Saturday, 8 July 2017


I must admit to being a bit stumped by the cricket threads. But along the same lines, I saw this splendid comment here:

 I can’t be the only person to have noticed the commander of the new ship is Captain Kyd (Britain’s new aircraft carrier, 1 July). Will they please let him fly the Jolly Roger when it first leaves port, once launched?

Linda Bell
Southwell, Nottinghamshire

Well Linda, assuming the navy will want a documentary about the budget buster, I will support your campaign. Providing we ditch the Rod Stewart guff, that will no doubt be chosen again, and use an album that captures the fine traditions of the Royal Navy. I suggest something from this.


Mark Wadsworth said...

"Maggie May"?

DBC Reed said...

I'd always assumed Churchill had said " Rum,bum and the lash" which is more "Churchillian" i.e. rude and unoriginal.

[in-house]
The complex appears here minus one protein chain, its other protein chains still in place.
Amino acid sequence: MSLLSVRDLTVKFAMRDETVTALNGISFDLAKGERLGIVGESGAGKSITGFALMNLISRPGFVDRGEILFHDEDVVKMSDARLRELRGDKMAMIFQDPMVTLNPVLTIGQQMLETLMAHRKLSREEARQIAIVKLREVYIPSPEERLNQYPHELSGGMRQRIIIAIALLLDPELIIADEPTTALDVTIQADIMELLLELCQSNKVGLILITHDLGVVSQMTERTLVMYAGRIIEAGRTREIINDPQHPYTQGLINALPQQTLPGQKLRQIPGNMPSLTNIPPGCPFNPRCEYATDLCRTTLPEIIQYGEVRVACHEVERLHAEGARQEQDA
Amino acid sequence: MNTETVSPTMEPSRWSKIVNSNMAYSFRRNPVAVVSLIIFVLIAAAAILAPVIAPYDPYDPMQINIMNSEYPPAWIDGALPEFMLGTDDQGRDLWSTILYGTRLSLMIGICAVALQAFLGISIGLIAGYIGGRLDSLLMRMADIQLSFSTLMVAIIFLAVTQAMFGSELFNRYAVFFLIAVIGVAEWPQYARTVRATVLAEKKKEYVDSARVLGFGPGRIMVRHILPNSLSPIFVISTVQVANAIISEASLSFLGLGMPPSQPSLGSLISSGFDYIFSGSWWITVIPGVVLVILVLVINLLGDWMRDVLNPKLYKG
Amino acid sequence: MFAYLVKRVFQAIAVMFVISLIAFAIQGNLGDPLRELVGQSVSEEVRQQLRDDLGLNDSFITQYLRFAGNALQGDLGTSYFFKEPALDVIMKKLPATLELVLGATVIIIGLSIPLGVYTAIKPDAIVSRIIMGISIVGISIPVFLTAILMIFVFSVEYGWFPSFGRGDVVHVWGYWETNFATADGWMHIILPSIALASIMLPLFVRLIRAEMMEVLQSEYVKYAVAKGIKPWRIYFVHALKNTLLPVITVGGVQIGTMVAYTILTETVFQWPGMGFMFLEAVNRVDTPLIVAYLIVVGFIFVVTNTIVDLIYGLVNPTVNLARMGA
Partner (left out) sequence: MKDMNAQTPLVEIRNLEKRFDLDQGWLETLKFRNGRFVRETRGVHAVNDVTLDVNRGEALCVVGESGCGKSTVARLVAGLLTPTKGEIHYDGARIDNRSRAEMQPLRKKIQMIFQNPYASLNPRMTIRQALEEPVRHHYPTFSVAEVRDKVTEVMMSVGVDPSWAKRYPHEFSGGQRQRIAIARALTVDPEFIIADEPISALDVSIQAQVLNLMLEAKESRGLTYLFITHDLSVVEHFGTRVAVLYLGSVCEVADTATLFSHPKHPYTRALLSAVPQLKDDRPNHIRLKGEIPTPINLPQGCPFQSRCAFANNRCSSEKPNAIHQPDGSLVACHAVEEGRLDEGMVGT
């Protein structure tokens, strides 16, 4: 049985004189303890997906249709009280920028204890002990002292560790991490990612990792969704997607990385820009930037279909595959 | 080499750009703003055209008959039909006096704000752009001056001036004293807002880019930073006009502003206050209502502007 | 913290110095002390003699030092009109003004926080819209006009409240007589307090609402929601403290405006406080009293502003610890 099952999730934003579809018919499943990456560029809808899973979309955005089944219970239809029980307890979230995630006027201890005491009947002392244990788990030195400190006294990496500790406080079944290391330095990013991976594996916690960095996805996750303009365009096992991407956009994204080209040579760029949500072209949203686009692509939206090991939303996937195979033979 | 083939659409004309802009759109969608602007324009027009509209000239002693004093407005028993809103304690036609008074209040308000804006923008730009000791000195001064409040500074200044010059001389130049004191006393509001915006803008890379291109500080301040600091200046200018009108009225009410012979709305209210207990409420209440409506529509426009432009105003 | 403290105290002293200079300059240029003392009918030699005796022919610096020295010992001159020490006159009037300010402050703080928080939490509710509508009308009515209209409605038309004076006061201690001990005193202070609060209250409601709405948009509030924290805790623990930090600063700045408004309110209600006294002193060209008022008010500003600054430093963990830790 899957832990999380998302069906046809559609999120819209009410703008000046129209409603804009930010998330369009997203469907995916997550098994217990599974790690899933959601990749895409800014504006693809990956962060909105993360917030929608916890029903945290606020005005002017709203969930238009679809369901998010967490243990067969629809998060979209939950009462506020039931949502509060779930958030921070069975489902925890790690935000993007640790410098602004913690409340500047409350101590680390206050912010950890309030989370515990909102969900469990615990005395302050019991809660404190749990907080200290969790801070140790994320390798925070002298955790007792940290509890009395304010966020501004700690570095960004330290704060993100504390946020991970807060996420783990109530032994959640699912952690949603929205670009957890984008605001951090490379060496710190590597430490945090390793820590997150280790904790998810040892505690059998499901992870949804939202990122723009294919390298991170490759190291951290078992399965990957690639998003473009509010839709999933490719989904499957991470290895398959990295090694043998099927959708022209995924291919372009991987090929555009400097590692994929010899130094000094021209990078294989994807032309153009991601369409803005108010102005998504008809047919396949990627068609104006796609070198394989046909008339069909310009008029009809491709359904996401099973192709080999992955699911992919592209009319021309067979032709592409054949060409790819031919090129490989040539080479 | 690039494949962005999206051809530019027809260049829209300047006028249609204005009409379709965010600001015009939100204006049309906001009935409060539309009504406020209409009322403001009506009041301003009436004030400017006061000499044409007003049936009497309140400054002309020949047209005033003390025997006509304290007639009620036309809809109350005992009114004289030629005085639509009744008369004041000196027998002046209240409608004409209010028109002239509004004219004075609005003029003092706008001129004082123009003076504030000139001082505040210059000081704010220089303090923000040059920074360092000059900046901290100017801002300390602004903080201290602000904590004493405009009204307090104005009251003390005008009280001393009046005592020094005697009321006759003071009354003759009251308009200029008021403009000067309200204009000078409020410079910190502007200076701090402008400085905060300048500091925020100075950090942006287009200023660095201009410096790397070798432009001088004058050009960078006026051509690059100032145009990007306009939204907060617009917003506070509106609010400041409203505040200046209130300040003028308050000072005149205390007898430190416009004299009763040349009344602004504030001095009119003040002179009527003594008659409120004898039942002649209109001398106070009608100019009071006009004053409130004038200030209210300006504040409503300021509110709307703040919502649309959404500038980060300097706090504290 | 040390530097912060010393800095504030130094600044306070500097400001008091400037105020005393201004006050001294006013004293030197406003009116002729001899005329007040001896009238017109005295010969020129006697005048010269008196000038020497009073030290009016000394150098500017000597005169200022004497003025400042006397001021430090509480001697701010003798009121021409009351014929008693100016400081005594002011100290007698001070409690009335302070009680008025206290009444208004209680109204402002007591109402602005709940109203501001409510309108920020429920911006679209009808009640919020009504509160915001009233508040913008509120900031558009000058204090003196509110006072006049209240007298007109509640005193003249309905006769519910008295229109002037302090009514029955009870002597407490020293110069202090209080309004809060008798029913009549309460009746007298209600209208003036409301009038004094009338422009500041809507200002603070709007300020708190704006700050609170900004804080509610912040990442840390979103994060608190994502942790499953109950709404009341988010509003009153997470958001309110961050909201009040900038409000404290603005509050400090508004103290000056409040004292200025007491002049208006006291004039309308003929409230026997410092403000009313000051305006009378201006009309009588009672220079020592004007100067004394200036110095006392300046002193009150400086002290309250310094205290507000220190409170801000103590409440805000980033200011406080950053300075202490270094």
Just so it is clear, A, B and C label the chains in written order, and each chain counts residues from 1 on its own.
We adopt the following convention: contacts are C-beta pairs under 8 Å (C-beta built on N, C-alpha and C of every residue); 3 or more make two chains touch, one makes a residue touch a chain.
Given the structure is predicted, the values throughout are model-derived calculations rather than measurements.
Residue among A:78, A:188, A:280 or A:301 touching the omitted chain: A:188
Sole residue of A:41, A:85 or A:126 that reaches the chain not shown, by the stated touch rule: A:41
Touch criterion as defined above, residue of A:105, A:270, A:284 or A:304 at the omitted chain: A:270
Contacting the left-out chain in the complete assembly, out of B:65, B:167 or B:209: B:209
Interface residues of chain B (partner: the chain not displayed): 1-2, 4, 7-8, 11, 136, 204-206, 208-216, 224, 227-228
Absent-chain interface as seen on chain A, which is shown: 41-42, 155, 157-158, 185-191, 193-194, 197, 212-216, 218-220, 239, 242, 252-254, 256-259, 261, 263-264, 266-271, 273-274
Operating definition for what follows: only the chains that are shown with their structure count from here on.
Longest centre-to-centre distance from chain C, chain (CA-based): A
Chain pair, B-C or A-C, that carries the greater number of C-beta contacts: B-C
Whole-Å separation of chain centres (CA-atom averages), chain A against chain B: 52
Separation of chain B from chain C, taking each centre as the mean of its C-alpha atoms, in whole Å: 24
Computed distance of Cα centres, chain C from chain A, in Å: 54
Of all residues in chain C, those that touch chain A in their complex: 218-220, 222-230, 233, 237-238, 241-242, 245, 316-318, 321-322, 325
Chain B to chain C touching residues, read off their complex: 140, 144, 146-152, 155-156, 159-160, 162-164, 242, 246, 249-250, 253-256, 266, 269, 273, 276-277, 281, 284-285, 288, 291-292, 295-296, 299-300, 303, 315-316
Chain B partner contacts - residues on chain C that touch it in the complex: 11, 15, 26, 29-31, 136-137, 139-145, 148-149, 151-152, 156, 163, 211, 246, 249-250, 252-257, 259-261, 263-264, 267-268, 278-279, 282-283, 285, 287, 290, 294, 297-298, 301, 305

Mike W said...

Maggie May?

Yes, but I haven't even asked the bloody follow on question yet!

I thought about putting it in the post above. But deleted it as too 'pub quiz', even for this site. Anyway,..

What song was performed/released by both the acts above?

Mark Wadsworth said...

Ha! I made a wild guess!

Bayard said...

Ah, and there was I thinking your suggestion was an ironic comment on our beloved PM and her equally beloved female predecessor.

DBC Reed said...

All very confusing. The original "Maggie May" was a rude old "folk song" set in Liverpool and in the version I heard ( in Manchester??)had the line." Oh Maggie Maggie May, she stole my heart away and my money and my trousers .." The Beatles sang (and recorded) something along these lines though there was a musical by Lionel Bart at the time celebrating Lime Street-walking Maggie May.

Mike W said...

I guess nothing is too 'Pub Quiz' for the folks here after all:)
Re the Churchill quote. Yes I was surprised that he had lifted it.Along those lines, some revisionist, I cannot recall, claimed that Wellington had not called his troops the 'scum of the earth'. I believe this too. After all, it would not have been worth saying to other officers, who all saw the lower orders the same way. What would disappoint, I think you would agree, is if Keynes, for instance, had not actually said the, 'In the long run...'bon mot to a droning Treasury offical.